“I think the most profound thing that is happening is a student body that is hardworking; that is making major steps in terms of its expectations of itself with respect to ethics. I think that the Ashesi student as a whole is more concerned about this issue of integrity than the student bodies of other institutions. I think some of the stories we hear about academic dishonesty from some of the campuses are very troubling because cheating in exams is what corruption is to a student. And if students are being corrupt then there is a greater likelihood that they will be corrupt in their professional lives.”
And that is why he is convinced that “the most educated people in Ghana should be the most ethical people in Ghana”
Ten year on, from its shining new campus in Brekuso, tucked away in the hills off the stretch of road between Peduase and Aburi, Ashesi’s impact can be clearly measured in the numbers and the intangibles. But for the man behind it, there is a wider significance. Through this single phenomenon, Dr Awuah’s impact on Ghanaian society can be felt and will continue to be felt in several areas.
Ashesi’s unique brand of education is one that has been noticed by other players in the tertiary education subsector. While the corporate world is very keen to accommodate its graduates, it is only natural that the competition would notice. And notice, they have. As the sector grows, we may see new kind of education evolve, one that takes account of the Ashesi model and seeks to produce more rounded graduates that have knowledge of and exposure to other academic disciplines.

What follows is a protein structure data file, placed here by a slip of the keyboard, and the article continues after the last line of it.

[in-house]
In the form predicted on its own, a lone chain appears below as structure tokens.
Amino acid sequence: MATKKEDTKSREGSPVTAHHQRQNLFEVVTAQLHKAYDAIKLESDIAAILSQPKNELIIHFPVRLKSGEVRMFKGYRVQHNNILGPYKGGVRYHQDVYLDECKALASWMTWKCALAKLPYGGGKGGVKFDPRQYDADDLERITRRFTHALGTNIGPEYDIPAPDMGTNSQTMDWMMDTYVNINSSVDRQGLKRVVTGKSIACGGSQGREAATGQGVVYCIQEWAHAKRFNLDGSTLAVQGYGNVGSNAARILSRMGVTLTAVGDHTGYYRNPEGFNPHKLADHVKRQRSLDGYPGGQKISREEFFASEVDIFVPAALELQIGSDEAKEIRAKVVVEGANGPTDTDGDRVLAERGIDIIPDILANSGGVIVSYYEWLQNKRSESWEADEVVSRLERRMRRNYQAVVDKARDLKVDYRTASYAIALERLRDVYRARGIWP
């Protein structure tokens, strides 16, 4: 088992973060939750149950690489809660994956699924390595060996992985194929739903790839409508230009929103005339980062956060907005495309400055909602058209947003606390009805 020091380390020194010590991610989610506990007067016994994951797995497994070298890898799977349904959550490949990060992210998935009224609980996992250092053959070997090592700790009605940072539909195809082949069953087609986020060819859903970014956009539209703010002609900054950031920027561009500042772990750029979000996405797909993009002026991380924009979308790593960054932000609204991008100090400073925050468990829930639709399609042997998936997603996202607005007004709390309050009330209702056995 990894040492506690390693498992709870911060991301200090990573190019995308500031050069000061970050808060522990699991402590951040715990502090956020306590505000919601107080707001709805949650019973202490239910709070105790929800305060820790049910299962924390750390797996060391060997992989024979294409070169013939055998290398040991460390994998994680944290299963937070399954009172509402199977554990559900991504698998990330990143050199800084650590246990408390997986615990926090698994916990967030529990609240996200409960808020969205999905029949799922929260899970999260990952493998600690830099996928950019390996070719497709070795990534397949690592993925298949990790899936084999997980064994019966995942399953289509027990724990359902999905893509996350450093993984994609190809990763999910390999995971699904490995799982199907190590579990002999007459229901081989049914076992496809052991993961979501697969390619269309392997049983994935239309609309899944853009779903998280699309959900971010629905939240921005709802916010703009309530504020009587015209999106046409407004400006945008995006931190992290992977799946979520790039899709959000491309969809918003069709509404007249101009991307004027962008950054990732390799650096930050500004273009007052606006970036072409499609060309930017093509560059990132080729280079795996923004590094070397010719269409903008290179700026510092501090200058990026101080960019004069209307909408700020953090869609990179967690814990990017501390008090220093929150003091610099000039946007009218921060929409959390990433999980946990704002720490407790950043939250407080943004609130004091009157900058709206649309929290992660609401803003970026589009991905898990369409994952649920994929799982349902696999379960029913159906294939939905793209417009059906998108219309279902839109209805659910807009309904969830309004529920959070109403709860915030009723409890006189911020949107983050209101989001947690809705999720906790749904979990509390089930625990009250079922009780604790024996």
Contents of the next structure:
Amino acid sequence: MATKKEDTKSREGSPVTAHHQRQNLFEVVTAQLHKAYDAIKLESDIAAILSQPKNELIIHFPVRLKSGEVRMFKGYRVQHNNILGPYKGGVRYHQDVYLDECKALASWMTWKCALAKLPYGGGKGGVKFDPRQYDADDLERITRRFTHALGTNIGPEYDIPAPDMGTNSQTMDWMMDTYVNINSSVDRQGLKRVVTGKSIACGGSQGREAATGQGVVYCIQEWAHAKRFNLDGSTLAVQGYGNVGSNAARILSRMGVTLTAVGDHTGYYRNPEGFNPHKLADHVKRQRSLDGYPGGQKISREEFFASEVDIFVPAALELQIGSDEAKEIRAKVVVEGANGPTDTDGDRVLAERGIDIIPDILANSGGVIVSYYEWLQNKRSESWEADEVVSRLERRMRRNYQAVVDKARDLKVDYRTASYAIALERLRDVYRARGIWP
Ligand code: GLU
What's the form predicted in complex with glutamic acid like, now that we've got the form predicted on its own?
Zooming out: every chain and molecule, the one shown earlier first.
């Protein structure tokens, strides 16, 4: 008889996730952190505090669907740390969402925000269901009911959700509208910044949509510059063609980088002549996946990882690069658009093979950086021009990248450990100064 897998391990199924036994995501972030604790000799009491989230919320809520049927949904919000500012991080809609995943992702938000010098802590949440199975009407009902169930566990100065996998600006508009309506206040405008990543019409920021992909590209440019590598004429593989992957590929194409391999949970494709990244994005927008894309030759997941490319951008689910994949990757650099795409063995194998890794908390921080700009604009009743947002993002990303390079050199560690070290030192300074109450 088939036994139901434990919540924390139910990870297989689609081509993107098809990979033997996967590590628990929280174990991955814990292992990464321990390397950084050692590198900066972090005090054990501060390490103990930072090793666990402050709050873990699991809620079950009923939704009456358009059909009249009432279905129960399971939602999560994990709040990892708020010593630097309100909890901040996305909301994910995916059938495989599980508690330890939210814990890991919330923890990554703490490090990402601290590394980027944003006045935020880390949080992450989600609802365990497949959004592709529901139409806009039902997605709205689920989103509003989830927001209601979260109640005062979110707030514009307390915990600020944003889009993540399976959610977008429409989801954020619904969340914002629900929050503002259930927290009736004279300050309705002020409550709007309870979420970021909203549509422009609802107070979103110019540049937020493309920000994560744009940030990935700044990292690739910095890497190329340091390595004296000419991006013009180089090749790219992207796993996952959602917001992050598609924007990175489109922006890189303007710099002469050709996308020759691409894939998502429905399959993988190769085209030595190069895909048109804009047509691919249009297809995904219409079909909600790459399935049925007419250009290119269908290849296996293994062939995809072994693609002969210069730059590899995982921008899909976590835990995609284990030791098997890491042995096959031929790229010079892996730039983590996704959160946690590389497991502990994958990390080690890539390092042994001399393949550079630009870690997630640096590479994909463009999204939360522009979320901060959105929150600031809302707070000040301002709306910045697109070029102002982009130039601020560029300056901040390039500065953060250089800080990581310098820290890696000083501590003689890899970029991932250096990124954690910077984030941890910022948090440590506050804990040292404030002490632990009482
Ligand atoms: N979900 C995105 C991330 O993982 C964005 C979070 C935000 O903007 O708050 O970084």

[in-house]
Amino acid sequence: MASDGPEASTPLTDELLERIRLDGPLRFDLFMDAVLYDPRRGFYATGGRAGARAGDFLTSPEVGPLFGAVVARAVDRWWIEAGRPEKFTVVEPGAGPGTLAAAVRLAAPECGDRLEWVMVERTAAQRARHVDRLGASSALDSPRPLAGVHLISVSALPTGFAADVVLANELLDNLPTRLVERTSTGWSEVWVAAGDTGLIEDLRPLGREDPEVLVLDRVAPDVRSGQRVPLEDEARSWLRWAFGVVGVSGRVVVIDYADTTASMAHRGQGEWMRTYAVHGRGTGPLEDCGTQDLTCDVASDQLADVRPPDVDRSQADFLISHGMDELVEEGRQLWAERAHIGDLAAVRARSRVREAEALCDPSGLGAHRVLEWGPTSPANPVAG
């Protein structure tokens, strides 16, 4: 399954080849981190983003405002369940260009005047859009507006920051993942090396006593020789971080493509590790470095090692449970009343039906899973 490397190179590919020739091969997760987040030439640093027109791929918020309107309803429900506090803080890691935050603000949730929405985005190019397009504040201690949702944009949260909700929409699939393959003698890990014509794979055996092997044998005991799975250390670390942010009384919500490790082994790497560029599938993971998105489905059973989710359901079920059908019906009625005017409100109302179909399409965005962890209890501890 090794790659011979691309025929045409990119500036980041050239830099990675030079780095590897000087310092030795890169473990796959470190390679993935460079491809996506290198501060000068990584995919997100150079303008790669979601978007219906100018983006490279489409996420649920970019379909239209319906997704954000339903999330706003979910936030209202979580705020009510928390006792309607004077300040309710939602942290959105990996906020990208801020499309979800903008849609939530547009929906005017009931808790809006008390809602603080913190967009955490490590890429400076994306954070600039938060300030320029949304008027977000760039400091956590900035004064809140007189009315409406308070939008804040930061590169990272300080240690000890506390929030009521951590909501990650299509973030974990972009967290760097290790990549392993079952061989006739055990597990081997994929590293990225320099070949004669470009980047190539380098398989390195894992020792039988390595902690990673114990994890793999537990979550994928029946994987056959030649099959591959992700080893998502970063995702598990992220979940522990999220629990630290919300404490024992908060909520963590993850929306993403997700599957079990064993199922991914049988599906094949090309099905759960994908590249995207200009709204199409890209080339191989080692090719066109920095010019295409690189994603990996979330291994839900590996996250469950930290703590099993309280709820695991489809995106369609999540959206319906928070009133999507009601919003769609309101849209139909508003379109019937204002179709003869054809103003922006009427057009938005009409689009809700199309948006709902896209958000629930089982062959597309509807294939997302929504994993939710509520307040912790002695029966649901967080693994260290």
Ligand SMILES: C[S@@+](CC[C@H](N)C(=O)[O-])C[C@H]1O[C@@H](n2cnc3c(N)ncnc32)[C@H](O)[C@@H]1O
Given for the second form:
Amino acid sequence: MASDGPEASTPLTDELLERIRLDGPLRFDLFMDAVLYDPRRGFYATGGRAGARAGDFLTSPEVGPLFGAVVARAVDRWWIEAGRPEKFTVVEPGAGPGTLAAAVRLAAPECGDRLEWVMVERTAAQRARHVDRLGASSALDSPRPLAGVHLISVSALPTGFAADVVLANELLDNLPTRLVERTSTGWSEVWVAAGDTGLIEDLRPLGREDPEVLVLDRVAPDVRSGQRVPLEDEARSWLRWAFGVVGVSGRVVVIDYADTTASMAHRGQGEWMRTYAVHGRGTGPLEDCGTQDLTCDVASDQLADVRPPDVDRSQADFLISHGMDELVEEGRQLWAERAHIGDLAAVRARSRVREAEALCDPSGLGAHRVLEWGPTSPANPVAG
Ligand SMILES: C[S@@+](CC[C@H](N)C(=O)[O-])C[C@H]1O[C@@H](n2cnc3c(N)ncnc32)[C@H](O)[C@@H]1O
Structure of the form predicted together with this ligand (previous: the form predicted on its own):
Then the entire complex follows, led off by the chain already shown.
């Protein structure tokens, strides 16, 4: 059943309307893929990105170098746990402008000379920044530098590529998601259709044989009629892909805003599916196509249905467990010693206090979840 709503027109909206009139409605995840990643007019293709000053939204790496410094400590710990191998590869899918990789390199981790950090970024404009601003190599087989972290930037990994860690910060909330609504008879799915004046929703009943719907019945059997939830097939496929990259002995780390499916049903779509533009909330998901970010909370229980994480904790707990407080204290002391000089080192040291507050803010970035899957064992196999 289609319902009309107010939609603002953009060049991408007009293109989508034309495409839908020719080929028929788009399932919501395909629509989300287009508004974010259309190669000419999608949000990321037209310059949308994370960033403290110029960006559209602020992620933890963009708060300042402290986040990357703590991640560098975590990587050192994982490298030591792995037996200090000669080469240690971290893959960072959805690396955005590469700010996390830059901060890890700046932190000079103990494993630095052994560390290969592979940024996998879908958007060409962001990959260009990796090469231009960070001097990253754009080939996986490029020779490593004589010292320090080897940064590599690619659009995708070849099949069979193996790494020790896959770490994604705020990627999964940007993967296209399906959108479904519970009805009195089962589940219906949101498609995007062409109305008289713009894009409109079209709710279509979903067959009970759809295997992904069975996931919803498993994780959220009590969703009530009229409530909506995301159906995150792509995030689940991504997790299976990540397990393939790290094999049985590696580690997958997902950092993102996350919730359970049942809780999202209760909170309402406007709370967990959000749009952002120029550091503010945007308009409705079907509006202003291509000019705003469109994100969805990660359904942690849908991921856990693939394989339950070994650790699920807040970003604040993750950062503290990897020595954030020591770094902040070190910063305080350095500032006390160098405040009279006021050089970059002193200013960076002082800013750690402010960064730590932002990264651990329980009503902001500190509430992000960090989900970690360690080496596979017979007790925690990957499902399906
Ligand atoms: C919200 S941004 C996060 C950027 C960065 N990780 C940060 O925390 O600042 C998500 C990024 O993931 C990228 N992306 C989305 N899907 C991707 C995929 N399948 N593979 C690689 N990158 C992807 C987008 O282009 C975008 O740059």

Given his experiences a student and then a University don, Dr Awuah’s passion naturally manifests in advocacy for the sector, for reforms in curricula and mode of instruction. It is an advocacy that on occasion has had the commentariat seek to brand him in line with Ghana’s febrile political conversation. While not interested in politics as a calling, he will not shy away from sharing his views with the public, with others in the educational sector and all who seek his opinion.
His efforts have been noticed, culminating in multiple awards including Membership of the Order of Volta and the Millennium Excellence Award for Educational Development.